India is going to have a far worse monsoon season than expected. According to the Indian Meteorological Department (IMD), the rainfall in June-September is likely to be below normal at 93 per cent of the long period average. In terms of quantity, this could be the lowest in four years.
In April, the IMD had predicted a below normal monsoon at 95 per cent.
Although the southwest monsoon has arrived in Kerala, it is expected to weaken, while the El Nino effect is expected to further intensify in the coming days, said the IMD on Monday.
On a monthly basis, July is likely to see 93 per cent of normal rainfall, while August may see it go up to 96 per cent, still below normal.
Northwest India is likely to be worst hit with as low as 85 per cent of its normal quota of rainfall, while Northeast India may get 99 per cent, central India 94 per cent, and the southern peninsula 93 per cent.
“El Nino is expected to peak by July-end and Augustbeginning,” said L S Rathore, director general, IMD.
The government, however, does not want to press the panic button yet, especially for agriculture and allied sectors, said Minister for Earth Sciences Jitendra Singh. “Our mandate is to bring out a forecast, which we have. The implications of the forecast will be dealt with by the different departments,” he said.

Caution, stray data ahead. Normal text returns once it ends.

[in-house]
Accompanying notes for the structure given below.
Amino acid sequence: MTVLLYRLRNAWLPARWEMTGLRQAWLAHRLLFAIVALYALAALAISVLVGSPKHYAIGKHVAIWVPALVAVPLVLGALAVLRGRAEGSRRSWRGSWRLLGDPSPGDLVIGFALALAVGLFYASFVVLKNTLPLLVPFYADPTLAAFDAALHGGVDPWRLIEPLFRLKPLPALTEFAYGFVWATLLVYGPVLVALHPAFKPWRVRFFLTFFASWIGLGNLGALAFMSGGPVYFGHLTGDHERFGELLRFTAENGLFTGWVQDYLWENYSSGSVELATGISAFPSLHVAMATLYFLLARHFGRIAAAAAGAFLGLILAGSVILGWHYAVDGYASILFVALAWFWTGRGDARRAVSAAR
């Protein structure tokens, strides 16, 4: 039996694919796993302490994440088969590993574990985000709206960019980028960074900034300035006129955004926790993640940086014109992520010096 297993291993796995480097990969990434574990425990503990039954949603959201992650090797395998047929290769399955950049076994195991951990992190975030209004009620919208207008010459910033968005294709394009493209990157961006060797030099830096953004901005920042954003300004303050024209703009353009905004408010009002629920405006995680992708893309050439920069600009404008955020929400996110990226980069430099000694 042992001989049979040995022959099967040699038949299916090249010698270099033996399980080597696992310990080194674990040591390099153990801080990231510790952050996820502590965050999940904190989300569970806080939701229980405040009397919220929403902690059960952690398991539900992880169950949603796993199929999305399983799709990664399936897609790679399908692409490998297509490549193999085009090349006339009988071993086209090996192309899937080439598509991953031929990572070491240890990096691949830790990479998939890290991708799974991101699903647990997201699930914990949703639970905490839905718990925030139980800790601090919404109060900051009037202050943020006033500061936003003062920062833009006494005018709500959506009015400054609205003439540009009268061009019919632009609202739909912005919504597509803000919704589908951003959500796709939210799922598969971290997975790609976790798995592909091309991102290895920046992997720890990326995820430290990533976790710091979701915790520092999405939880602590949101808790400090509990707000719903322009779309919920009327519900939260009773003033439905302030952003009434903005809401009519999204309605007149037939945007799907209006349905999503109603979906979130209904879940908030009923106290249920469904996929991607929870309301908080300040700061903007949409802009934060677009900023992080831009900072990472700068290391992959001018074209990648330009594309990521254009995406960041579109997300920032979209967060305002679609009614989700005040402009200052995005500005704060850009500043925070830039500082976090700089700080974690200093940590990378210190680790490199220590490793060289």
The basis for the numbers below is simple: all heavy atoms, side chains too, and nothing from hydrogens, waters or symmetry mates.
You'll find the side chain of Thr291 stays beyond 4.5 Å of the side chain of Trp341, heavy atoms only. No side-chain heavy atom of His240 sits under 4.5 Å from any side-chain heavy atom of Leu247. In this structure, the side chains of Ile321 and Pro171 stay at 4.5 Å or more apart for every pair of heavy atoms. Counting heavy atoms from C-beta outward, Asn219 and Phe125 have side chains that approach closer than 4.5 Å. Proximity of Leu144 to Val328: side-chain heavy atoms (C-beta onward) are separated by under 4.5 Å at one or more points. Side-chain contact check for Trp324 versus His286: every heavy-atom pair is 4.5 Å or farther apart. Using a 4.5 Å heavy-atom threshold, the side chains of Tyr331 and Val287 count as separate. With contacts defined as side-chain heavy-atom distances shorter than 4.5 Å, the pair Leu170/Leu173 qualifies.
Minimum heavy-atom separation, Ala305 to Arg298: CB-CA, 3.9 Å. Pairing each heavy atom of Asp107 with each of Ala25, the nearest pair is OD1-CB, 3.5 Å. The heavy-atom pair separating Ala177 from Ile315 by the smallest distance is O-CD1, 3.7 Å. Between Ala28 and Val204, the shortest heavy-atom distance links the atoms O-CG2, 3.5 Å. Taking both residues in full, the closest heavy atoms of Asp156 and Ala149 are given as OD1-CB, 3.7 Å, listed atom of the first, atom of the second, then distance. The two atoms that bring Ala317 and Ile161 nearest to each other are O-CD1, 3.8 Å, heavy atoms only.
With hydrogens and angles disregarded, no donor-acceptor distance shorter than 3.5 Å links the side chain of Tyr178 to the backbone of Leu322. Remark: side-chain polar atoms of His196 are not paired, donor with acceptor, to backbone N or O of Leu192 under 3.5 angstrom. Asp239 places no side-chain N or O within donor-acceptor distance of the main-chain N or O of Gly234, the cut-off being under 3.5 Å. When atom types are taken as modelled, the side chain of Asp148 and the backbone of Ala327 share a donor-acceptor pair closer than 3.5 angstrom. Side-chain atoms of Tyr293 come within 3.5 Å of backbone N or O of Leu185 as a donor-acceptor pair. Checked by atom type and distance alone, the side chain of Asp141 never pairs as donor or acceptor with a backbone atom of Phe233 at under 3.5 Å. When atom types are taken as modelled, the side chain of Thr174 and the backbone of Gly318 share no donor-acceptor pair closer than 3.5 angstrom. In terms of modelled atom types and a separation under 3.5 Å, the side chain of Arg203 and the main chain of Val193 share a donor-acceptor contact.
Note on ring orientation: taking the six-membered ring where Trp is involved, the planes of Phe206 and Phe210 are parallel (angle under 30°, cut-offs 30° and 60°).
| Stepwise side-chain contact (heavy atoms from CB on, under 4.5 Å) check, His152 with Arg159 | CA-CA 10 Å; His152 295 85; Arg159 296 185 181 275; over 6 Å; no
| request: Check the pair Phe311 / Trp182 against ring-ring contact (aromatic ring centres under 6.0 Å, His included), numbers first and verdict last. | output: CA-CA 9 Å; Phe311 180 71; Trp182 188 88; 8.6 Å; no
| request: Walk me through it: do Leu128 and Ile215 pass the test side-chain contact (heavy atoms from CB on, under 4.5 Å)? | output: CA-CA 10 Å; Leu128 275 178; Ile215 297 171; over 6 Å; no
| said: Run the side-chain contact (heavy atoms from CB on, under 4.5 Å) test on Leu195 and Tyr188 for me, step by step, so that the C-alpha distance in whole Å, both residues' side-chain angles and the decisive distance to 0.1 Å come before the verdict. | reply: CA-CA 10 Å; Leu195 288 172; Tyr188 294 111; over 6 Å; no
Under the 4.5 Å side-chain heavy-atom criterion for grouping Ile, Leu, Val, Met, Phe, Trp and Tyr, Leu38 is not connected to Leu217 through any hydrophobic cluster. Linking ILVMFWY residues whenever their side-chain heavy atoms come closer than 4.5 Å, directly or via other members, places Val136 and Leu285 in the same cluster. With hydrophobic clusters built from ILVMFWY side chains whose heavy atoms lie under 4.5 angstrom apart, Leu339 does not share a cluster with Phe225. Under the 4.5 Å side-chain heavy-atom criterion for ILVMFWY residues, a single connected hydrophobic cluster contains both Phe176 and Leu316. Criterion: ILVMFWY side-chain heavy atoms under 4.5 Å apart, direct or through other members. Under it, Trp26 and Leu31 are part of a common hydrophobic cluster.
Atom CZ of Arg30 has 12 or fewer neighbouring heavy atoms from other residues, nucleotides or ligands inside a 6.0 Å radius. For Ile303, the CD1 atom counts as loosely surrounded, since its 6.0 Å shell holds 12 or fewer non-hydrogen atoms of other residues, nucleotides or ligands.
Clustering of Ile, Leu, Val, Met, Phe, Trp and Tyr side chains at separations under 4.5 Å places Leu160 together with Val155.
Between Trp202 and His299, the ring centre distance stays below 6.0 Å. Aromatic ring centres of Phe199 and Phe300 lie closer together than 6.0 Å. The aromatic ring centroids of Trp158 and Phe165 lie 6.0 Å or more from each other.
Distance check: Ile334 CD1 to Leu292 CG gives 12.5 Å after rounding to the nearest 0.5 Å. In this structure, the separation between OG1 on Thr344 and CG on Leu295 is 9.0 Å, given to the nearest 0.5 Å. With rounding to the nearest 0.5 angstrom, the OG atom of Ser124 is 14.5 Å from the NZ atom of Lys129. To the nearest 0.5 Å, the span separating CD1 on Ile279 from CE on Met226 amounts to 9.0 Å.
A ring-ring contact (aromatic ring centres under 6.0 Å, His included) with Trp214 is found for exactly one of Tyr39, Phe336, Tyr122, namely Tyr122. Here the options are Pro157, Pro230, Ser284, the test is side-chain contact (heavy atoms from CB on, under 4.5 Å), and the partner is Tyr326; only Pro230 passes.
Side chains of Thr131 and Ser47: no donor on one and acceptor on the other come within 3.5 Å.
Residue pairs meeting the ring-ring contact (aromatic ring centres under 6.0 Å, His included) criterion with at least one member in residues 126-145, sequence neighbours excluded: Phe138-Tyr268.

Cabinet Secretary Ajit Seth has held multiple meetings with the concerned ministries like Agriculture, Food and others, to chalk out an action plan and issue advisories in the event of a drought.
The government hopes the deficiency in quantity will be made up by the distribution. “More than quantity, the distribution of the rainfall is what matters for all sectors. Sometimes distribution makes up for quantity,” said Singh.
President Pranab Mukherjee mentioned in his address to Parliament on Monday that the new government was alert about the possibility of a below-normal monsoon this year and is preparing contingency plans.
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